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  • Isabella Jabbour

How Students are Celebrating Thanksgiving

Arguably the most American holiday of the year, Thanksgiving is celebrated by families across the country. Thanksgiving provides an escape from a demanding school and work life and also kicks off the holiday season. It is simply a day to appreciate the little things that are normally taken for granted in our daily lives while eating delicious foods and spending time with families and friends. Some celebrate by traveling out of town or just relaxing in the comfort of their own home. While the overall message of gratitude that the holiday inculcates resonates with many throughout the country, the ways in which it is enjoyed will vary in each household.


"I love Thanksgiving dinner because we always eat chicken since no one in the family actually likes turkey”

Every family celebrates Thanksgiving in its own way, and Edgemont families are no exception. Many families commemorate the holiday by watching the Macy’s Day Parade, followed by an NFL football game, and a large feast. Thanksgiving is certainly a special time to be surrounded by friends and family with the comfort of delicious food. It also allows for gift-giving and other rituals as well as time to reconnect with relatives and friends. “My favorite part of Thanksgiving is getting to see all of my cousins and do karaoke! I love Thanksgiving dinner because we always eat chicken since no one in the family actually likes turkey,” remarked Aleena Ahmed (‘24).



Food certainly can not be overlooked when mentioning Thanksgiving as many families resort to serving typical ‘Thanksgiving foods’ consisting of turkey, cornbread, mashed potatoes with cranberry sauce and gravy, green beans, stuffing, and pies. “My grandma usually cooks a big meal for my whole family and then we all just eat it together at the dinner table with cousins, ” explained Tony Ge (‘24). However, other families add unique dishes to the dinner table, whether that be their own specialties or cultural foods. Bethany de Guzman (‘24) added that her family “eats lobster and steak with family friends” during the holiday. Another Edgemont family shares “rice, mac and cheese, and a variety of seasonal vegetables” over the dinner table.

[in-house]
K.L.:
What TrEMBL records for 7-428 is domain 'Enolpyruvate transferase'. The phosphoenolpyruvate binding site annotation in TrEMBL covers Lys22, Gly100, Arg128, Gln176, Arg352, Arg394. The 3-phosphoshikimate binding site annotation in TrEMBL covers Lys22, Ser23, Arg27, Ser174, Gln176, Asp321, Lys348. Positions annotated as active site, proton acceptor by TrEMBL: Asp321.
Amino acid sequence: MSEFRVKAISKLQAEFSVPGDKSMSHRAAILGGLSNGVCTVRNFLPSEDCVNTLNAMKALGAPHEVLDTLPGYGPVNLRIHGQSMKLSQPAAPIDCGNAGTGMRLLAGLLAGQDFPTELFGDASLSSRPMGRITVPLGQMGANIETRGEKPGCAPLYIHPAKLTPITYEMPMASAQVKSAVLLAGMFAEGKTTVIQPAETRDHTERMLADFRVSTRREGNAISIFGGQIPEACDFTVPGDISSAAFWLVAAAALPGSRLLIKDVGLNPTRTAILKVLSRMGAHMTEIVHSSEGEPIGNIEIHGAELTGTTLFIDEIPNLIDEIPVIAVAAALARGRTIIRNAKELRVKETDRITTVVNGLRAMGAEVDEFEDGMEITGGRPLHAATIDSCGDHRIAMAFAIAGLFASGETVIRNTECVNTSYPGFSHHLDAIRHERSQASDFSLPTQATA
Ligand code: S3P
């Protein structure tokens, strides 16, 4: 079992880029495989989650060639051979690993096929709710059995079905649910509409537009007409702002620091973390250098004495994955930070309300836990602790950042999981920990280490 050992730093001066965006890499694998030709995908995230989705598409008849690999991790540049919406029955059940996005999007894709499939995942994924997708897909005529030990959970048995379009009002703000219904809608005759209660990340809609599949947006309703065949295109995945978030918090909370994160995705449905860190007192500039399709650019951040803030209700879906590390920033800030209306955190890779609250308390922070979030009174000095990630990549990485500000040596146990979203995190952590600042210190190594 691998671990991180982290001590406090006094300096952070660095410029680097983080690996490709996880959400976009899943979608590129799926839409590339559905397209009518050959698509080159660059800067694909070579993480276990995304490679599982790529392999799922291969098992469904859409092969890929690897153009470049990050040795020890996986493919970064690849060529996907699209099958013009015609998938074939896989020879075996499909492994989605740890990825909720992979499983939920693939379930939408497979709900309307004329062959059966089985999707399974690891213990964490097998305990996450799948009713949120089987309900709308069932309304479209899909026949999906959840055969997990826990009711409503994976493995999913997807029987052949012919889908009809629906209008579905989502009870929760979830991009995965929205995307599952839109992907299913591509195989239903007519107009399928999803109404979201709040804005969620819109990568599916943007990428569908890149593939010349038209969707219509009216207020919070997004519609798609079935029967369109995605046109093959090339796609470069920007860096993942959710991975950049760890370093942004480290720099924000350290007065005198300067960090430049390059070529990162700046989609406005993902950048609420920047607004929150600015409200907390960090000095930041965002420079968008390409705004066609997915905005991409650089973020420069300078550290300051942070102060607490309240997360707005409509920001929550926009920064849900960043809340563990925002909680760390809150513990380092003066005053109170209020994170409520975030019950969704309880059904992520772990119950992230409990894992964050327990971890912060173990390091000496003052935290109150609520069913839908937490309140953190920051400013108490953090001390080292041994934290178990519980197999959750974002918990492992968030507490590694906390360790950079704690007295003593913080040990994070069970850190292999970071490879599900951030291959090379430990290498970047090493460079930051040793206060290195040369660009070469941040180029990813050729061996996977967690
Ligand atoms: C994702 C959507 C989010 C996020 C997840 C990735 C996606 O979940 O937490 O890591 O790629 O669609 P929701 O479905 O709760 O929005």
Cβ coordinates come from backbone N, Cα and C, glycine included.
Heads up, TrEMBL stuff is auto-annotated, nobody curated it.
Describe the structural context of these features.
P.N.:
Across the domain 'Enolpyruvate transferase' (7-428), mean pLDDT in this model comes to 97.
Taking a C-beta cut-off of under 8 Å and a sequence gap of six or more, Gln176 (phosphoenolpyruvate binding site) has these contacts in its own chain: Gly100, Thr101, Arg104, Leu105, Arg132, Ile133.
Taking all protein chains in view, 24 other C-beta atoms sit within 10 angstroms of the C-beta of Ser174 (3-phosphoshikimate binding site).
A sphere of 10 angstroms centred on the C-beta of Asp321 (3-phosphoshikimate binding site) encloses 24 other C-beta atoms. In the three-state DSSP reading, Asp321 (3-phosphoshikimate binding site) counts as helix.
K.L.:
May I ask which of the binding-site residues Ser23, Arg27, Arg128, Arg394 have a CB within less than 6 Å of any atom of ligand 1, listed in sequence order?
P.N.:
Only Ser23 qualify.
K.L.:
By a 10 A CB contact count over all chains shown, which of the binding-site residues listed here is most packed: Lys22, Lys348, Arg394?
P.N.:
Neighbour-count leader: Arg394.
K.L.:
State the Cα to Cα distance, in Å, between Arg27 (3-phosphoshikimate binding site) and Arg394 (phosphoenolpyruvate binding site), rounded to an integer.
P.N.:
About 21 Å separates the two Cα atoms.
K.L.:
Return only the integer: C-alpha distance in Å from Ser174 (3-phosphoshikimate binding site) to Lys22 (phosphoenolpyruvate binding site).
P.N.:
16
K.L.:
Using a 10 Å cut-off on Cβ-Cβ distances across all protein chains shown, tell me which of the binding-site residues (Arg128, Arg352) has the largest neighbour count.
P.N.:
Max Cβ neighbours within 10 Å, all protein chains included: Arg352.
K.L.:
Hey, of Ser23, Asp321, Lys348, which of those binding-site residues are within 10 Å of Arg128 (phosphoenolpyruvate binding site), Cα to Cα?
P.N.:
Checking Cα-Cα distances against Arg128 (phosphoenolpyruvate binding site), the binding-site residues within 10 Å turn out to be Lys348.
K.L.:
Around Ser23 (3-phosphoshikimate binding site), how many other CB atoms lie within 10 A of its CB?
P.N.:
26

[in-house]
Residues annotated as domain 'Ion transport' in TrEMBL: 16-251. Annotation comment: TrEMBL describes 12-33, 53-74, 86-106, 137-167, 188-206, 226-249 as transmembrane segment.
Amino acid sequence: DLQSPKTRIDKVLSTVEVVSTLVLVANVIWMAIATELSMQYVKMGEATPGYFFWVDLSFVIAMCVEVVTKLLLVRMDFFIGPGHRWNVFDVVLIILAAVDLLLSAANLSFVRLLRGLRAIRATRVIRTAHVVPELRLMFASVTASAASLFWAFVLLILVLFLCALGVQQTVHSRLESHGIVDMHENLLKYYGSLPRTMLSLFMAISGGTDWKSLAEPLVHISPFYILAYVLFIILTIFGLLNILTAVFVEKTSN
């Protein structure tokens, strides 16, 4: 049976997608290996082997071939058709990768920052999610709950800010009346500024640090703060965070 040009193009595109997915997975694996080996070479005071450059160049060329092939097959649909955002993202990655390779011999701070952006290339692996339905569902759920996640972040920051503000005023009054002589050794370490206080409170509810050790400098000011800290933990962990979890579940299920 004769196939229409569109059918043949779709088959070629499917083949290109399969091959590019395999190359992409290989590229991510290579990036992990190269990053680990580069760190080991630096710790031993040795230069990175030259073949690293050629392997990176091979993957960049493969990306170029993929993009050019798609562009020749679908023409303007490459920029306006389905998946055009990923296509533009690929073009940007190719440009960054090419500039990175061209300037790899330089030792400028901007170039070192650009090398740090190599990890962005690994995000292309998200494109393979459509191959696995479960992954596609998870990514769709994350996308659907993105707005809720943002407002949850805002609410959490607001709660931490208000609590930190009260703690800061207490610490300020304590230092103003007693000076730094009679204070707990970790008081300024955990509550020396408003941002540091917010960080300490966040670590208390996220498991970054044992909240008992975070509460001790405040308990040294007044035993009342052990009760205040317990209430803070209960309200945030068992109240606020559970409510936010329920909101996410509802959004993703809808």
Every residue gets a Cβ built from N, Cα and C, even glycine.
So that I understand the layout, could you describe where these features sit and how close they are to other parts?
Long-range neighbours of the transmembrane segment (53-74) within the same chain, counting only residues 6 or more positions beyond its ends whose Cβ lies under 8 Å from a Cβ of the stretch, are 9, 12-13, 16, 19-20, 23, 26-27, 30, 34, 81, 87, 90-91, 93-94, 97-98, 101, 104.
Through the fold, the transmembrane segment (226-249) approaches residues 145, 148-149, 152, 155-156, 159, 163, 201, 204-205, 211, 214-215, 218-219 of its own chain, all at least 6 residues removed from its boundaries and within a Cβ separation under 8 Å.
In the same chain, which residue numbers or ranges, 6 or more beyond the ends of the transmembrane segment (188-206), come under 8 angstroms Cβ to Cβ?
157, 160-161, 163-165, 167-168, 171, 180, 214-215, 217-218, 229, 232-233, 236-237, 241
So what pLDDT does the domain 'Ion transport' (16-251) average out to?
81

A popular tradition in many families happens before completely devouring the meal. The wishbone, a Y-shaped bone in the turkey that carries superstition, is set aside for when the meal is over. Later, two people make their respective wishes and break the wishbone, hoping to end up with the bigger piece and earn good luck for the upcoming year.


The dinner table is also a place to share what each person is thankful for. Although many celebrate Thanksgiving surrounded by their families, dedicating time to spend the holiday with friends is equally as important. “Friendsgiving” has become a newer tradition and offers time to enjoy the company of friends and offer thanks to the people present in your life. One student says that “spending quality time together and making memories with friends is something special for every Thanksgiving.”


Since Thanksgiving marks the start of the holiday season, some families draw names for secret Santa gifts and truly get into the spirit by watching holiday movies. A few notable movies include How the Grinch Stole Christmas, A Christmas Story, Elf, and of course, Home Alone. Thanksgiving also officially marks the time to put up holiday decorations such as Christmas trees, nutcrackers, lights, and elves.



The day after Thanksgiving is equally as exciting as stores all across the nation advertise their biggest sales of the year. Black Friday, almost a holiday in itself, has people standing in lines for hours, trying to get a hold of great discounts to start their holiday shopping. Thankfully, Black Friday doesn’t end when the clock strikes 12, as Thanksgiving deals continue online for Cyber Monday.


No matter how you plan to spend your Thanksgiving, it is still a beloved holiday that provides opportunities for festive joy and the gathering of loved ones.

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